In third grade, I remember winning a top prize in my non-mandatory elementary school science fair with an amazing papier-mâché Mount Vesuvius, chili lava, and hot dog people. I also remember desperately studying for spelling tests in order to have the privilege of the “teacher’s chair.” In the decades following, I saw McDonald’s successfully increase its bottom line through their Monopoly sticker game, which allows buyers to win prizes instantly, or by collecting all the stickers in a given color assortment. The frenzy was real. Nowadays, Starbucks keeps me around via their virtual cup accumulations and tiered incentives like free birthday gifts or coffee. All these events had or have one basic commonality.

What is gamification?

In business, gamification isn’t only about playing games, it’s about using psychology and technology to improve your workflows and ultimately your bottom line by using internal and external motivators to your program’s advantage. Organizations must use technology to help channel sales reps build on three inherent human desires: competence, relatedness, and autonomy, ripening them for maximum productivity. This is believed by psychologists to exist naturally in humans, creating a direct link between personality, motivation, and optimal functioning. A Talent LMS Survey found 87% of respondents felt more productive and 84% felt more engaged when using gamified technology. This was true across gender, age, industry, and roles. Additionally, research done at the University of Southern Maine also finds that “demographically, there were few direct correlations with gamification use.” So, for an individual to perform at optimal efficiency and be engaged (and therefore maximize profit for your sales channel), managers must look to satisfy the human desires for knowledge (competence), connection (relatedness), and control of their own lives (autonomy).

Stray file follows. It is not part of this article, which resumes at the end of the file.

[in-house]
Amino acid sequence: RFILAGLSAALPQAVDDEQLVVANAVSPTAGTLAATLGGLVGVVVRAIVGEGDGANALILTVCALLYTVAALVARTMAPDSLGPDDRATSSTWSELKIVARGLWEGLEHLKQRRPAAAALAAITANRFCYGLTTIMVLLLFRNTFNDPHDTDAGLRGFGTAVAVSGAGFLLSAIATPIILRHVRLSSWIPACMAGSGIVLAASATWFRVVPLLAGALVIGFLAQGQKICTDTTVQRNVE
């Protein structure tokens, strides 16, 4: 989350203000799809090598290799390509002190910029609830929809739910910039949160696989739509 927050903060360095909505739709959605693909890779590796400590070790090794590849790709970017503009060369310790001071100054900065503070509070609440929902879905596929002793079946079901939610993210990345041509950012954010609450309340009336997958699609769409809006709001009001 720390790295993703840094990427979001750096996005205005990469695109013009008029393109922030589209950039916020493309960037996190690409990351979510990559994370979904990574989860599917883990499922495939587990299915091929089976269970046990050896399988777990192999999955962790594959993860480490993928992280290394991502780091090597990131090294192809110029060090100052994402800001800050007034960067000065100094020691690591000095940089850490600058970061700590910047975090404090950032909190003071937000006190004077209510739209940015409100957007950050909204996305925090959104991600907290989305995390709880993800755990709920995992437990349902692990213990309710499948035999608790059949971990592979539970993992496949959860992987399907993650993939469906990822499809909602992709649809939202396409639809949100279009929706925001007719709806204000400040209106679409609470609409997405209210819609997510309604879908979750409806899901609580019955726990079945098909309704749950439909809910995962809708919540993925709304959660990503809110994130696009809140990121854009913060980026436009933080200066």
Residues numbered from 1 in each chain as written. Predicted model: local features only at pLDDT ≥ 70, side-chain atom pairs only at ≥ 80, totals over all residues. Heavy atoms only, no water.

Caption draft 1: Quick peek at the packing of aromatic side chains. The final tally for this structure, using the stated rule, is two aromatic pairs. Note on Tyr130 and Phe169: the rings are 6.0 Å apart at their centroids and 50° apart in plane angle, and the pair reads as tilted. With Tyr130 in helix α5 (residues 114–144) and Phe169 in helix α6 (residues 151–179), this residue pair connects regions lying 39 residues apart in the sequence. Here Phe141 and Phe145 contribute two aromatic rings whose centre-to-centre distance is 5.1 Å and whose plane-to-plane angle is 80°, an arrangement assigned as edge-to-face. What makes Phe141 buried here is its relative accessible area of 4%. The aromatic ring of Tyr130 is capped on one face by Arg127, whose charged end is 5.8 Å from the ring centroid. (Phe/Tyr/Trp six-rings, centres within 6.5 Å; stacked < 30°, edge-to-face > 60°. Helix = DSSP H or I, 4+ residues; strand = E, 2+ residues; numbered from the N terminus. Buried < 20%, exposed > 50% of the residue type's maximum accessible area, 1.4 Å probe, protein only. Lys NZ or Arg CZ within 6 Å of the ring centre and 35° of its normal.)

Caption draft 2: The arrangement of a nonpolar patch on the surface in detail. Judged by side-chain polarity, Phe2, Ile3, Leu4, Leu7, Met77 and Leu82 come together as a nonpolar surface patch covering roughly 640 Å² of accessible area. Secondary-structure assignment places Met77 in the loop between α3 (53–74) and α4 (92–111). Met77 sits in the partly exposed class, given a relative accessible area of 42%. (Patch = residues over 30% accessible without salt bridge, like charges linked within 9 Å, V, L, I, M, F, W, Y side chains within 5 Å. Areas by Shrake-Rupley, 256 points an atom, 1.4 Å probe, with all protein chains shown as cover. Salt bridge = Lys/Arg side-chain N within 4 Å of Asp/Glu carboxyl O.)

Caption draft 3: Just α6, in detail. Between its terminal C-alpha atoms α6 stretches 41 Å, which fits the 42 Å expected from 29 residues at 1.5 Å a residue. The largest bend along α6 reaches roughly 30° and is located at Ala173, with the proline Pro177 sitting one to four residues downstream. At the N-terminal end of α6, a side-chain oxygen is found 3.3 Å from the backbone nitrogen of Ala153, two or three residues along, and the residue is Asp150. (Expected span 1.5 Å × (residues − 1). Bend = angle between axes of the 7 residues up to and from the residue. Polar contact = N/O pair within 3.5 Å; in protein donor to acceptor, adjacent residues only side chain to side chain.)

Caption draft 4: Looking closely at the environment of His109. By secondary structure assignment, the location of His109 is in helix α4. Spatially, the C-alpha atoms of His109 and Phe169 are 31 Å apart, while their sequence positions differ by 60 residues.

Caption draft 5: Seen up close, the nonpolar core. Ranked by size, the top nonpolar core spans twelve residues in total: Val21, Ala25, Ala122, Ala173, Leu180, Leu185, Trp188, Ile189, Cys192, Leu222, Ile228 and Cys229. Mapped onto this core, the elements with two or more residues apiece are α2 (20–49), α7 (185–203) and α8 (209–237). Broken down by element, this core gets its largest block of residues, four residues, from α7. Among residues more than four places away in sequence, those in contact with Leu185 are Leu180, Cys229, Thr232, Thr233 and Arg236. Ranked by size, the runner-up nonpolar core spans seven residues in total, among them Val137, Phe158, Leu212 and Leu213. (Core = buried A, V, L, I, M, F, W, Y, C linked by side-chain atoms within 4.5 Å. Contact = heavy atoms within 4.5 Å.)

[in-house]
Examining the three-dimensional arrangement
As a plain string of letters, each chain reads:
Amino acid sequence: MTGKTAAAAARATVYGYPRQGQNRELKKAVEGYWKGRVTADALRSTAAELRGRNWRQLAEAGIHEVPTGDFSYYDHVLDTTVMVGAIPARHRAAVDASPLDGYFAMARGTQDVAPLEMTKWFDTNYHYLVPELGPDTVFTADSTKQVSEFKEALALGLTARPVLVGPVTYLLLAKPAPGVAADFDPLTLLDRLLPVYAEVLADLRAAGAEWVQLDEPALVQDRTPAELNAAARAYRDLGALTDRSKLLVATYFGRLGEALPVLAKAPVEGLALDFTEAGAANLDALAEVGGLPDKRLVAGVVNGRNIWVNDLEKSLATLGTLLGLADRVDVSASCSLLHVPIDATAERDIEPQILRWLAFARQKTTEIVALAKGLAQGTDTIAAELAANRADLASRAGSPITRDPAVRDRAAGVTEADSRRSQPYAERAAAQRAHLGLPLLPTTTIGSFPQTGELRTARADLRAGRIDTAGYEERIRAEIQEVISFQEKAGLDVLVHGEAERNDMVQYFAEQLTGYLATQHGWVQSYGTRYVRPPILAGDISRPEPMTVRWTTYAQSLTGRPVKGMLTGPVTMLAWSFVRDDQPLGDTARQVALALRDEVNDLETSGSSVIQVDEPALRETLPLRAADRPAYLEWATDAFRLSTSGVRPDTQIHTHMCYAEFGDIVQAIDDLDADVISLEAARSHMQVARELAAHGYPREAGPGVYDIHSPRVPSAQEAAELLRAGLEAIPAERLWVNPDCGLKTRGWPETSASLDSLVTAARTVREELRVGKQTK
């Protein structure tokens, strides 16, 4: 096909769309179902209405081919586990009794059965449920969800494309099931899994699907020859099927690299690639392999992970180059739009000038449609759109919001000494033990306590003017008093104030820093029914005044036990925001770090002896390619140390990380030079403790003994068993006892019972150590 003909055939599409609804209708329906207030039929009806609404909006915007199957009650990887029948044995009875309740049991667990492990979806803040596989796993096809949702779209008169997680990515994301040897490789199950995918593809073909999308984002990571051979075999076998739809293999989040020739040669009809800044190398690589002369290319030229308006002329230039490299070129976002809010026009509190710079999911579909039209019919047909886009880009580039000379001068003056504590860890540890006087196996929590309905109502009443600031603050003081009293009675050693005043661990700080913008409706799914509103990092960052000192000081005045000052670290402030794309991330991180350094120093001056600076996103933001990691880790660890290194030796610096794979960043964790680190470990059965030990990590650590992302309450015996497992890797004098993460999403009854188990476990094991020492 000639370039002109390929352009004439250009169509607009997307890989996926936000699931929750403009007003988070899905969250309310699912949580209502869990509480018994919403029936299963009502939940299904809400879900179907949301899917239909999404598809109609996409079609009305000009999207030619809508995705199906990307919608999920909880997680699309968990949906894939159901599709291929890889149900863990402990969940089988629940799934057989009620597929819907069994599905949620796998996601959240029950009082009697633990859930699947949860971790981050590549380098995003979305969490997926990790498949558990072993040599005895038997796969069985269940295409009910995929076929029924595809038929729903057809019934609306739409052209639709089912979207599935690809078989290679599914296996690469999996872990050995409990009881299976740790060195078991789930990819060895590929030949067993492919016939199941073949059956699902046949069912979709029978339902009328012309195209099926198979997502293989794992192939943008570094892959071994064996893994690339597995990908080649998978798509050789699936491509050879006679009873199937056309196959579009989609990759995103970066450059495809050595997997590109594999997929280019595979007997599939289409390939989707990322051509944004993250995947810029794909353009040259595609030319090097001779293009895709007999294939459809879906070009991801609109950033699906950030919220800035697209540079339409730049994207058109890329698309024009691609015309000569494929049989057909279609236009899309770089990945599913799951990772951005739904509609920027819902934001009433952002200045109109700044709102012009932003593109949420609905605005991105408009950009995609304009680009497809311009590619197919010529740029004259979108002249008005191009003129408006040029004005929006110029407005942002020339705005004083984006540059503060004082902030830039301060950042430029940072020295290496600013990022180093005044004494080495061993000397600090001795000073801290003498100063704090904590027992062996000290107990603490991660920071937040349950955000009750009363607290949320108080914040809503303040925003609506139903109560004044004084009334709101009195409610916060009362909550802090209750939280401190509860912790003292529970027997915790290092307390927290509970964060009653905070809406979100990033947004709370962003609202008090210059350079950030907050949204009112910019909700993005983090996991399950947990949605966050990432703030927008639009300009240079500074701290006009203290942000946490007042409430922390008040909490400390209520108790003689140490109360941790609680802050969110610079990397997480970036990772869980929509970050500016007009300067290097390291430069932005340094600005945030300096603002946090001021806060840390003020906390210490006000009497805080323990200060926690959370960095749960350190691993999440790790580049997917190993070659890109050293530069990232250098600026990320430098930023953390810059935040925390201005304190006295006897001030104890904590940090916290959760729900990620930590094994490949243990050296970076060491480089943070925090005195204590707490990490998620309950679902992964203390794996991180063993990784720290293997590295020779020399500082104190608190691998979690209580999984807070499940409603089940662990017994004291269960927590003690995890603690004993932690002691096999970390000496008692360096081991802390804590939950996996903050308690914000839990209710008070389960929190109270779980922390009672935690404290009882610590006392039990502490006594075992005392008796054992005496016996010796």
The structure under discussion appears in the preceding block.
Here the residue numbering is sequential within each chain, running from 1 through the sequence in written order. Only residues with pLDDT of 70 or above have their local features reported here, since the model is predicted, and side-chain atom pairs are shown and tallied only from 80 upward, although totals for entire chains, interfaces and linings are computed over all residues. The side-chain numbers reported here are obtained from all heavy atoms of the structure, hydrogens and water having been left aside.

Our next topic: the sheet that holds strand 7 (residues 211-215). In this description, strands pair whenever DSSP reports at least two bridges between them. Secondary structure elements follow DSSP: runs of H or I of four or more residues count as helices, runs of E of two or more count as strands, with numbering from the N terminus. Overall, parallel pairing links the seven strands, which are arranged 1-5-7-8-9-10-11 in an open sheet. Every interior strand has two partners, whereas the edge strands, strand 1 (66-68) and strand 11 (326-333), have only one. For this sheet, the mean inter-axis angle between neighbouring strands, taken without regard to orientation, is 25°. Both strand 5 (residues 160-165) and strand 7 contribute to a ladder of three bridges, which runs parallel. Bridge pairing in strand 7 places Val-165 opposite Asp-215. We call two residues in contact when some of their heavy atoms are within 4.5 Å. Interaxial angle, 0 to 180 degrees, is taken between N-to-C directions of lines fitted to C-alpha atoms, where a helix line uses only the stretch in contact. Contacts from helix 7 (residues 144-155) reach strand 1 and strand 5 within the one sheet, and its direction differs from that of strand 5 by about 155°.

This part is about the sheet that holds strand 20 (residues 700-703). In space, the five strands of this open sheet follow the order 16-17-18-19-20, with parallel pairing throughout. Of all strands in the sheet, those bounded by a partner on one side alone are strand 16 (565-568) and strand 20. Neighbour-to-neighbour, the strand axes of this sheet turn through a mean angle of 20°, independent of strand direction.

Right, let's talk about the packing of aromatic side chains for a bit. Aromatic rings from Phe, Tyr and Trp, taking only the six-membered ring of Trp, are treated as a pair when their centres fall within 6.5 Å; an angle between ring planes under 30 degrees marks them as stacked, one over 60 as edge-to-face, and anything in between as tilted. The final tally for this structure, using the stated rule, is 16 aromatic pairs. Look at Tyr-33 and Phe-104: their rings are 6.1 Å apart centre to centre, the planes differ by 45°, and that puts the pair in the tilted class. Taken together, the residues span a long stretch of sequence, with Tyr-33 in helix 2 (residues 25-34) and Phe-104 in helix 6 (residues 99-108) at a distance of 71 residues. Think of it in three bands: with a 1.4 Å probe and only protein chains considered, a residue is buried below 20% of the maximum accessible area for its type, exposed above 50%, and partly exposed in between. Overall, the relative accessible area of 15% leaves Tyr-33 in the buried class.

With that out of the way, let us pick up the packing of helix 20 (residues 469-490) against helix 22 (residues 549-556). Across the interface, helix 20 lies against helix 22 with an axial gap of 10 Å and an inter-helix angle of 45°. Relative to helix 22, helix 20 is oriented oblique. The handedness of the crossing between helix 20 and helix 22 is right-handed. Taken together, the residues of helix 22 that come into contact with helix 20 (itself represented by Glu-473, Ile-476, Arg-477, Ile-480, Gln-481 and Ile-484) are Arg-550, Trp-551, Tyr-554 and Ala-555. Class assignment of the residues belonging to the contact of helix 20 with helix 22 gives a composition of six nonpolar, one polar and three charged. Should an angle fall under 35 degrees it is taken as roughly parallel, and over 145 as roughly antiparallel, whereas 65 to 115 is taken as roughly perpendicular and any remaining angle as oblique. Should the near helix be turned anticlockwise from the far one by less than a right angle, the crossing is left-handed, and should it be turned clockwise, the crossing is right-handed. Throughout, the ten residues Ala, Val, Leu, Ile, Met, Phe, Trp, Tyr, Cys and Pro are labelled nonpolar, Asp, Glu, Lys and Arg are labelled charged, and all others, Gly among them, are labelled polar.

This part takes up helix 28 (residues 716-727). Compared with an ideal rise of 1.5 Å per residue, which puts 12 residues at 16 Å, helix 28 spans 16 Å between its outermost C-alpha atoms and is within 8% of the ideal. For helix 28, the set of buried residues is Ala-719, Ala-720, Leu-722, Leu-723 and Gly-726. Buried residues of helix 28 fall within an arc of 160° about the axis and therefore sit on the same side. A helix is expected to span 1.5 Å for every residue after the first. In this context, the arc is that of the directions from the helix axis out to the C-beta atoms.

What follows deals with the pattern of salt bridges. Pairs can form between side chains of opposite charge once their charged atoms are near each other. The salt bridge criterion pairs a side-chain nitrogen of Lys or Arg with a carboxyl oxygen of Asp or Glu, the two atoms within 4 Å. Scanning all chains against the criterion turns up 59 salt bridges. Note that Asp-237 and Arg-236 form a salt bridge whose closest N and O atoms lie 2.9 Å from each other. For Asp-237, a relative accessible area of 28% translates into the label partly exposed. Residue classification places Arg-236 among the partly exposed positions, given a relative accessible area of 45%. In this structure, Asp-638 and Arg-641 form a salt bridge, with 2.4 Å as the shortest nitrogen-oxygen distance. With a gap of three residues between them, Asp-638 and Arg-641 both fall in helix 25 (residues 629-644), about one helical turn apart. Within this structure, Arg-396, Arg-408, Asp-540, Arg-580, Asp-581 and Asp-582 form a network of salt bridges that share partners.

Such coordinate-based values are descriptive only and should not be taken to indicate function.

What psychological factors come into play with the use of gamification?

When gamifying your channel program, know that third grade me and Starbucks guzzling adult me are motivated by the same two basic types of motivation. Everyone’s motivations in the world can be generally broken down into these two–intrinsic and extrinsic. If you are reading this blog in order to study for a test on gamification, then you are extrinsically motivated. If you are reading this to learn more about psychology and motivation, you’d be intrinsically motivated. These two coexist as the vehicles we use to actively chase the natural desires mentioned above.

Intrinsic motivation is an inherent drive within to complete an action which can include our interests and values. It is intrinsic because it originates within the individual as they seek new challenges or possibilities. Simply put, this is a human’s own personal desire to perform tasks well or learn about something new. The “reward” can be self-fulfillment, expanded knowledge, or the pleasure of knowing it was a job well done or the fact they made someone else proud.

Extrinsic motivation comes from external factors such as money, leaderboards, and other tangible rewards or incentives. Therefore, in extrinsic motivation, individuals favor the outcome over the actual process. Motivating them are the typical gamification examples- the miles and levels at their favorite airline, or the employee of the month wall at work. Other examples can include rankings, lotteries, and timers. It is at this point (favoring outcome vs. process) that channel managers can use gamification to capitalize on and compliment extrinsic and intrinsic motivators for individuals in their sales channel.

Remember, your sales reps are your greatest asset. Start motivating and achieve channel success today.